By Piper Mettenburg, Features Editor
A loud screeching noise jolts Olivia Chatowsky ‘21 out of a comfortable sleep. Sitting up, she locks eyes with the perpetrator of the noise: an old fashioned alarm clock strategically placed several steps away from her bed. Before making her way to the clock, she grabs her phone and catches a glimpse of the time. It’s 8:30 a.m. Although her first class isn’t until 11:30, she urges herself to get out of bed. Pushing her grogginess to the side, she walks to her dresser and silences the clock. She has a whole day of remote learning to attend to.
Although Chatowsky has nearly three hours to spare before her academic day begins, she unrolls her yoga mat and pulls up a home-friendly workout video on YouTube. This early morning workout is not only an integral part of her day, but also one of her strongest tools in preventing burnout.
Like many students at Gettysburg and across the country, Chatowsky struggles with the exhaustion and stress brought on by Zoom classes, prolonged screen time and social isolation. Recommendations by health experts show that being removed from the structure and general environment of academic institutions makes students more susceptible to mental burnout and exhaustion. The structural vacancy left by academic institutions pushes students to create and abide by their own routines as a means of fighting the stresses and frustrations of remote learning. One of the ways Chatowsky takes control of this structure is through exercise.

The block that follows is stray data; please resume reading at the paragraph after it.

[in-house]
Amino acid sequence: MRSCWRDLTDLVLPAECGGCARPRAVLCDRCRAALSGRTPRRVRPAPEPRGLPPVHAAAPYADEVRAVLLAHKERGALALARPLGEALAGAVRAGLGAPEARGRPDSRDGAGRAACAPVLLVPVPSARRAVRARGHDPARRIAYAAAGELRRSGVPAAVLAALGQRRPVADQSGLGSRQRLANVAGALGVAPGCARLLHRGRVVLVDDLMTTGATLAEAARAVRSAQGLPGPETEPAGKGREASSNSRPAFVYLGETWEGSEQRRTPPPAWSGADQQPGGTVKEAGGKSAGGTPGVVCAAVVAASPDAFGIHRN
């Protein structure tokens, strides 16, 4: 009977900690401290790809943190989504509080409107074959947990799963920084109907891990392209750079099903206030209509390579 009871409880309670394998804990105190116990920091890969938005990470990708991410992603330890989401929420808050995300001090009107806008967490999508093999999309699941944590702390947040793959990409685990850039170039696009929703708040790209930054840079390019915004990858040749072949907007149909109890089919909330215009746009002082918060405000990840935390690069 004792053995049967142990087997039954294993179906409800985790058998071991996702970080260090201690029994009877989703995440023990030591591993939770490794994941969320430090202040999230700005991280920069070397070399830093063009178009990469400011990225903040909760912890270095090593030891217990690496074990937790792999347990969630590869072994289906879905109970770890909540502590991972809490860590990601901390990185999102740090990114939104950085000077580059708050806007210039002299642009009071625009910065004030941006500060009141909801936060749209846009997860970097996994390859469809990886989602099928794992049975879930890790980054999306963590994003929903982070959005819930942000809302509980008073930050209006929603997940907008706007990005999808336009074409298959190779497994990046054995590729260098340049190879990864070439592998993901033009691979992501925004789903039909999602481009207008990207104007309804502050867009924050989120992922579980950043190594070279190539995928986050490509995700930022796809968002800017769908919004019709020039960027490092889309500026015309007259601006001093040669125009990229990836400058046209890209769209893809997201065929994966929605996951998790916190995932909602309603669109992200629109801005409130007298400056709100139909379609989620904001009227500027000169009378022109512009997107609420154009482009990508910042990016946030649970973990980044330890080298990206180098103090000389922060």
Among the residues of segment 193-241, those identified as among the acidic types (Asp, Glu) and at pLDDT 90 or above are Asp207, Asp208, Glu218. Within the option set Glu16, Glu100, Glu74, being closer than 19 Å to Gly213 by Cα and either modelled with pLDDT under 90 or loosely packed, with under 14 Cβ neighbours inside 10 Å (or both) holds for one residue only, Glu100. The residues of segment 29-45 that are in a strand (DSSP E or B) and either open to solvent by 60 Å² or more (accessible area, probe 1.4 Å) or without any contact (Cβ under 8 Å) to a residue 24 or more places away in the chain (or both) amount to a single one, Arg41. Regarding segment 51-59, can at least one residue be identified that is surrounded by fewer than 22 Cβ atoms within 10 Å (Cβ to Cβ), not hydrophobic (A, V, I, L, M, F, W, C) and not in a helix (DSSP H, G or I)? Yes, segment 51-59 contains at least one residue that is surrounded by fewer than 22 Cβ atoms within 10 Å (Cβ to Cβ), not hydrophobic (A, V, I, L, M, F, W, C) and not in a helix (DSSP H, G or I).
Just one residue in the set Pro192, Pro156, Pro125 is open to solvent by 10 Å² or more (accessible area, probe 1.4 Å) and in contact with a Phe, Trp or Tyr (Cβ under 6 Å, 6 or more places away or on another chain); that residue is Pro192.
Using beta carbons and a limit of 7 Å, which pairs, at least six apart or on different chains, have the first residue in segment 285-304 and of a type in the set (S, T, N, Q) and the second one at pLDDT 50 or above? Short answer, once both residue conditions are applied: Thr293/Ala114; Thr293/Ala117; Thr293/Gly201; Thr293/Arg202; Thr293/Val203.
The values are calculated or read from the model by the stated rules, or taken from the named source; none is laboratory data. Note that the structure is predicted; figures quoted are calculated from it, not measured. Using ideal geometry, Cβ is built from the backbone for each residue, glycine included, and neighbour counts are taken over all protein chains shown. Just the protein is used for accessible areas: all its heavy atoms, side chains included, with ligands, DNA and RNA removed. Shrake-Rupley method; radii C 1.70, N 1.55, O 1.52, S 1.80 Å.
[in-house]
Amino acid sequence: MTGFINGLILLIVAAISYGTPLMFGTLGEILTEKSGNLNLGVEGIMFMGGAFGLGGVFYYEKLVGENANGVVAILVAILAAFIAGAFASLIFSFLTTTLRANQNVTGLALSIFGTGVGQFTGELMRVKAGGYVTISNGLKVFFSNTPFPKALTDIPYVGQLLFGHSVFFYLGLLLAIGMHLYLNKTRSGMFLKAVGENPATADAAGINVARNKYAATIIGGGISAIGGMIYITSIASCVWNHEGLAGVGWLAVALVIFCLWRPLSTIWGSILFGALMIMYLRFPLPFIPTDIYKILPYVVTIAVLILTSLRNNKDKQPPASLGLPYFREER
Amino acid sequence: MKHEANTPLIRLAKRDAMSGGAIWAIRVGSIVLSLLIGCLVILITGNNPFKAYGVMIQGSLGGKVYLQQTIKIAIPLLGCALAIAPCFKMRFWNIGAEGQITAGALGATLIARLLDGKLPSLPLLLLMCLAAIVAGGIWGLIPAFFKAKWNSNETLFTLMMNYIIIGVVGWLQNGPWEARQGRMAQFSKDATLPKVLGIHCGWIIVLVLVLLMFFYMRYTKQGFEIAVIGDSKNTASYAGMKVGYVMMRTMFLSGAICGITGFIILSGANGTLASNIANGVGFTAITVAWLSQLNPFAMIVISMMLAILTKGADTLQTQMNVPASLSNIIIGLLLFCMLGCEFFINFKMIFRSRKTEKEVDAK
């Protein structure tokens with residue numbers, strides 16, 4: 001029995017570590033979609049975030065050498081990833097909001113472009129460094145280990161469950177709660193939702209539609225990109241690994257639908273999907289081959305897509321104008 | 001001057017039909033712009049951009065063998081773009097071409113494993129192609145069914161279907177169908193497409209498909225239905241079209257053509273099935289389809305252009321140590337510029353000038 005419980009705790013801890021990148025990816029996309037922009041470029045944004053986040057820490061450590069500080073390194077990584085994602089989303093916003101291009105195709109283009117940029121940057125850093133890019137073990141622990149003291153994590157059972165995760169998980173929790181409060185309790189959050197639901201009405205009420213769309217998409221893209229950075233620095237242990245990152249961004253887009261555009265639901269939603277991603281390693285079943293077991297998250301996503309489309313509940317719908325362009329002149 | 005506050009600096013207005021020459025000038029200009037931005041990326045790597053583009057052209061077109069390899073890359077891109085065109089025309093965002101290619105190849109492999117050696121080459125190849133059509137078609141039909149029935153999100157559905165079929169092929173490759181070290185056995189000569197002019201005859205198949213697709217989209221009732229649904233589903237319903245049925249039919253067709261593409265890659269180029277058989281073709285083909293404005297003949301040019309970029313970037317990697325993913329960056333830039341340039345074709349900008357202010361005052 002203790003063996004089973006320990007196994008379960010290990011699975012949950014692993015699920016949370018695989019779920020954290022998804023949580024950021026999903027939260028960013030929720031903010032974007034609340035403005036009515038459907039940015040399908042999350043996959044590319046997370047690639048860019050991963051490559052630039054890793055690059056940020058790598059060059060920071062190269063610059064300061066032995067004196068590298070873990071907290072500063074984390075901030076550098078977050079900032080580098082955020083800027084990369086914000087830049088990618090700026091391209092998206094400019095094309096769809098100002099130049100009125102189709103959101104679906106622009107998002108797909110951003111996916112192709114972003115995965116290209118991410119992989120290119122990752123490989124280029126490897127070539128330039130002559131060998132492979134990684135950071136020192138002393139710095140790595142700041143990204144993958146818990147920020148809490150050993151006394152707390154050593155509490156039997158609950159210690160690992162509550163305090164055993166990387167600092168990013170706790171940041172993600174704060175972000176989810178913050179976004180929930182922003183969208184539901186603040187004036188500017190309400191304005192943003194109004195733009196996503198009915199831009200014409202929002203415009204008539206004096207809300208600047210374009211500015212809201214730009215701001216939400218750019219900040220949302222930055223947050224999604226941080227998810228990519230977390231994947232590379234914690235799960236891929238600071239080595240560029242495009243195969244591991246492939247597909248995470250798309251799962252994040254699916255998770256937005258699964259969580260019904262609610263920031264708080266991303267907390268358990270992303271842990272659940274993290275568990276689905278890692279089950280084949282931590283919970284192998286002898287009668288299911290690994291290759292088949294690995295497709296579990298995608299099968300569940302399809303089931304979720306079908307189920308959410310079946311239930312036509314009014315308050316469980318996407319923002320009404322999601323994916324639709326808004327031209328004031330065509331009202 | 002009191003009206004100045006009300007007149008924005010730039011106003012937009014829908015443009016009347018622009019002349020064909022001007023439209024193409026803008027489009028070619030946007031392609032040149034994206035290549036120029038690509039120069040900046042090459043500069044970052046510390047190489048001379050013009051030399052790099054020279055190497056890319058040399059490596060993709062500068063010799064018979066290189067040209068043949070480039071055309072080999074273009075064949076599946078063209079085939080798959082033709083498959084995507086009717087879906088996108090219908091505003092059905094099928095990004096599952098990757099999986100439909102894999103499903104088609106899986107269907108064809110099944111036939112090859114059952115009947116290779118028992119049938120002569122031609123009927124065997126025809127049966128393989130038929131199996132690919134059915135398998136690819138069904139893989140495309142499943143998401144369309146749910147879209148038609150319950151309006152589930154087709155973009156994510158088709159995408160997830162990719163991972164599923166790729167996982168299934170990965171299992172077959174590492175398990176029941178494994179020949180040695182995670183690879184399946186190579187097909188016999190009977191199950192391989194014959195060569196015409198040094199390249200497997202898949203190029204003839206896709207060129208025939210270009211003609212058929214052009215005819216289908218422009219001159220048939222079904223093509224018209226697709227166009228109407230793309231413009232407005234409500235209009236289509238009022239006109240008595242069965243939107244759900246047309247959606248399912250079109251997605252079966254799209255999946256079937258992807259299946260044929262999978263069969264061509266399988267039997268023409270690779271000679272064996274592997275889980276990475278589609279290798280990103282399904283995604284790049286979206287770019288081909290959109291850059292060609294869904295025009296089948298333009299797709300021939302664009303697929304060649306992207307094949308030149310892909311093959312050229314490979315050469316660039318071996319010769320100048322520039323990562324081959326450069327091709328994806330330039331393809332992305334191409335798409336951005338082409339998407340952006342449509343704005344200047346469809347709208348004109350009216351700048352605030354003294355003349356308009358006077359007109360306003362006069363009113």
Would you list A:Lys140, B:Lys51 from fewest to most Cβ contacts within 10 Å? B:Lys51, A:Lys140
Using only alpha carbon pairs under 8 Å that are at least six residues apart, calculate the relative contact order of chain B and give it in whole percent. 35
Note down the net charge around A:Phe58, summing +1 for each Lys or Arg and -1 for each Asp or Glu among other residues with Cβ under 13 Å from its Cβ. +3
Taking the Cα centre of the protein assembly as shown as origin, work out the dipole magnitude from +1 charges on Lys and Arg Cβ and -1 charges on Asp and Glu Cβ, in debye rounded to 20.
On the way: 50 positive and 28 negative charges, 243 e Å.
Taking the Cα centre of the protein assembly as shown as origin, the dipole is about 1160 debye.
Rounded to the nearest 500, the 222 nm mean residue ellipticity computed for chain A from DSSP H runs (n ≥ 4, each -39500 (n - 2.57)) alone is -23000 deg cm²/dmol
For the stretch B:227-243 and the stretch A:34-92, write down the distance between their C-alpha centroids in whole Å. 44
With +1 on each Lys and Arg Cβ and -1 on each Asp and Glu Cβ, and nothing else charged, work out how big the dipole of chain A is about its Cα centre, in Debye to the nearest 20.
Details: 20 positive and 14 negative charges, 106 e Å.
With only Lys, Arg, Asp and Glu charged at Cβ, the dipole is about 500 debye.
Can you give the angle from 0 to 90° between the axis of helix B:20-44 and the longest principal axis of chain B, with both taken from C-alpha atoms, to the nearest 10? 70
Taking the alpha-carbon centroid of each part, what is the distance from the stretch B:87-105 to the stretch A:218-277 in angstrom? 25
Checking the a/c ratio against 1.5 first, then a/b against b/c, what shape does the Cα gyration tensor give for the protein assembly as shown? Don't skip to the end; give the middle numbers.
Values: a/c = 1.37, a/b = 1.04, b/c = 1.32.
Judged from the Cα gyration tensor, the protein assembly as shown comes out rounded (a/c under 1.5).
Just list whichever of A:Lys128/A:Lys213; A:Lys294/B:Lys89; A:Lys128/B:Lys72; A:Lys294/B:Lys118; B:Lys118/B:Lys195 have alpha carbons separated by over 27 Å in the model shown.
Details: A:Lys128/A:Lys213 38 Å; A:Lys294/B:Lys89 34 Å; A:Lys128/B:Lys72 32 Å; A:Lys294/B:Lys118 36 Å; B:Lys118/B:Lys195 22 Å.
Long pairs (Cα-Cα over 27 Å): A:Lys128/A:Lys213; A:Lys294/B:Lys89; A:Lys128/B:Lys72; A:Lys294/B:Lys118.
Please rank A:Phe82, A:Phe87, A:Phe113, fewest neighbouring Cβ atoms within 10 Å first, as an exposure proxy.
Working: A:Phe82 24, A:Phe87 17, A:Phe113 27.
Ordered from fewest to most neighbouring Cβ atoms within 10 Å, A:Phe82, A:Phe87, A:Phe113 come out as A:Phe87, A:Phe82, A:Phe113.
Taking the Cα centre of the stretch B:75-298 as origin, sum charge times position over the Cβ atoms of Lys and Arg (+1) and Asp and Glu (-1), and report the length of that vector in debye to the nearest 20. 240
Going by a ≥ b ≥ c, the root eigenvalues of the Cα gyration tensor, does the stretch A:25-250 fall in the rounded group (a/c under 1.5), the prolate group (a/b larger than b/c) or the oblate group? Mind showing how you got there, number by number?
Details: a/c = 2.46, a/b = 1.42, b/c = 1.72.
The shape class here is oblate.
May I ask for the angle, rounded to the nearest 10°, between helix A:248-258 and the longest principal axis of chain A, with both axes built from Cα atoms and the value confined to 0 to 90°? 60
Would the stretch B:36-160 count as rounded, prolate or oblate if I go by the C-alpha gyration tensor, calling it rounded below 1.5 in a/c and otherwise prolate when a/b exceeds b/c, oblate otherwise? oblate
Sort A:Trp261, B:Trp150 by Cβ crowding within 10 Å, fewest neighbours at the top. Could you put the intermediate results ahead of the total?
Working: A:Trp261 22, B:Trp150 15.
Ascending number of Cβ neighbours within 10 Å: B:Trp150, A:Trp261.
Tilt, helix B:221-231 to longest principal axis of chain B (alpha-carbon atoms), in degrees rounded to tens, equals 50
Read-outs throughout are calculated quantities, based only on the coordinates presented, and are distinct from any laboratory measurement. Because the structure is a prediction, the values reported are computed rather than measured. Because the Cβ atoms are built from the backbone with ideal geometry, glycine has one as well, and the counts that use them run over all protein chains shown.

“Exercising in the morning helps me wake up and feel more energized before I have to go sit in class all day,” Chatowsky said. “It also helps me mental health-wise because I feel like I’m working towards something—it feels like I’m bettering myself.”
The routine and goal-oriented nature of early morning workouts enables Chatowsky to fight off burnout—at least temporarily.
Riding the endorphin high of her workout, Chatowsky heads to the kitchen table and sets up for her first class, BIO 225, by pulling out her laptop and putting on a pair of tortoiseshell blue light glasses she bought to help her eye strain and cyber sickness. Biology class runs for an hour and fifteen minutes. It is one of her shorter classes, but as it moves along, she begins to feel herself drift off and disengage.
“There are definitely more distractions now,” Chatowsky notes. “Sometimes during class I find myself on my phone, answering texts and going on Snapchat. I make sure I’m diligent about taking notes, but I feel myself losing steam by the end — mostly because I’m staring at a computer.”
After class ends, she rushes to make lunch and do dishes before her four-hour lab, which starts 25 minutes later. Since there is little time between classes, Chatowsky starts her lab with the camera off so she can finish her lunch. By this point, she begins to feel the fatigue set in. Time seems to go by slowly during lab, and throughout class, Chatowsky fights off impulses to check her phone with varying degrees of success. Although long, her lab requires some degree of collaboration with peers, which gives her a sense of comfort. Those interactions with other classmates, however, are not enough to stop her growing fatigue and exhaustion.
“Luckily we go into breakout rooms for a good chunk of the lab and we get to talk to other students,” she said. “I do feel myself getting really tired and grumpy by the end of lab though. If there are lulls, I find myself going on my phone more — especially towards the end.”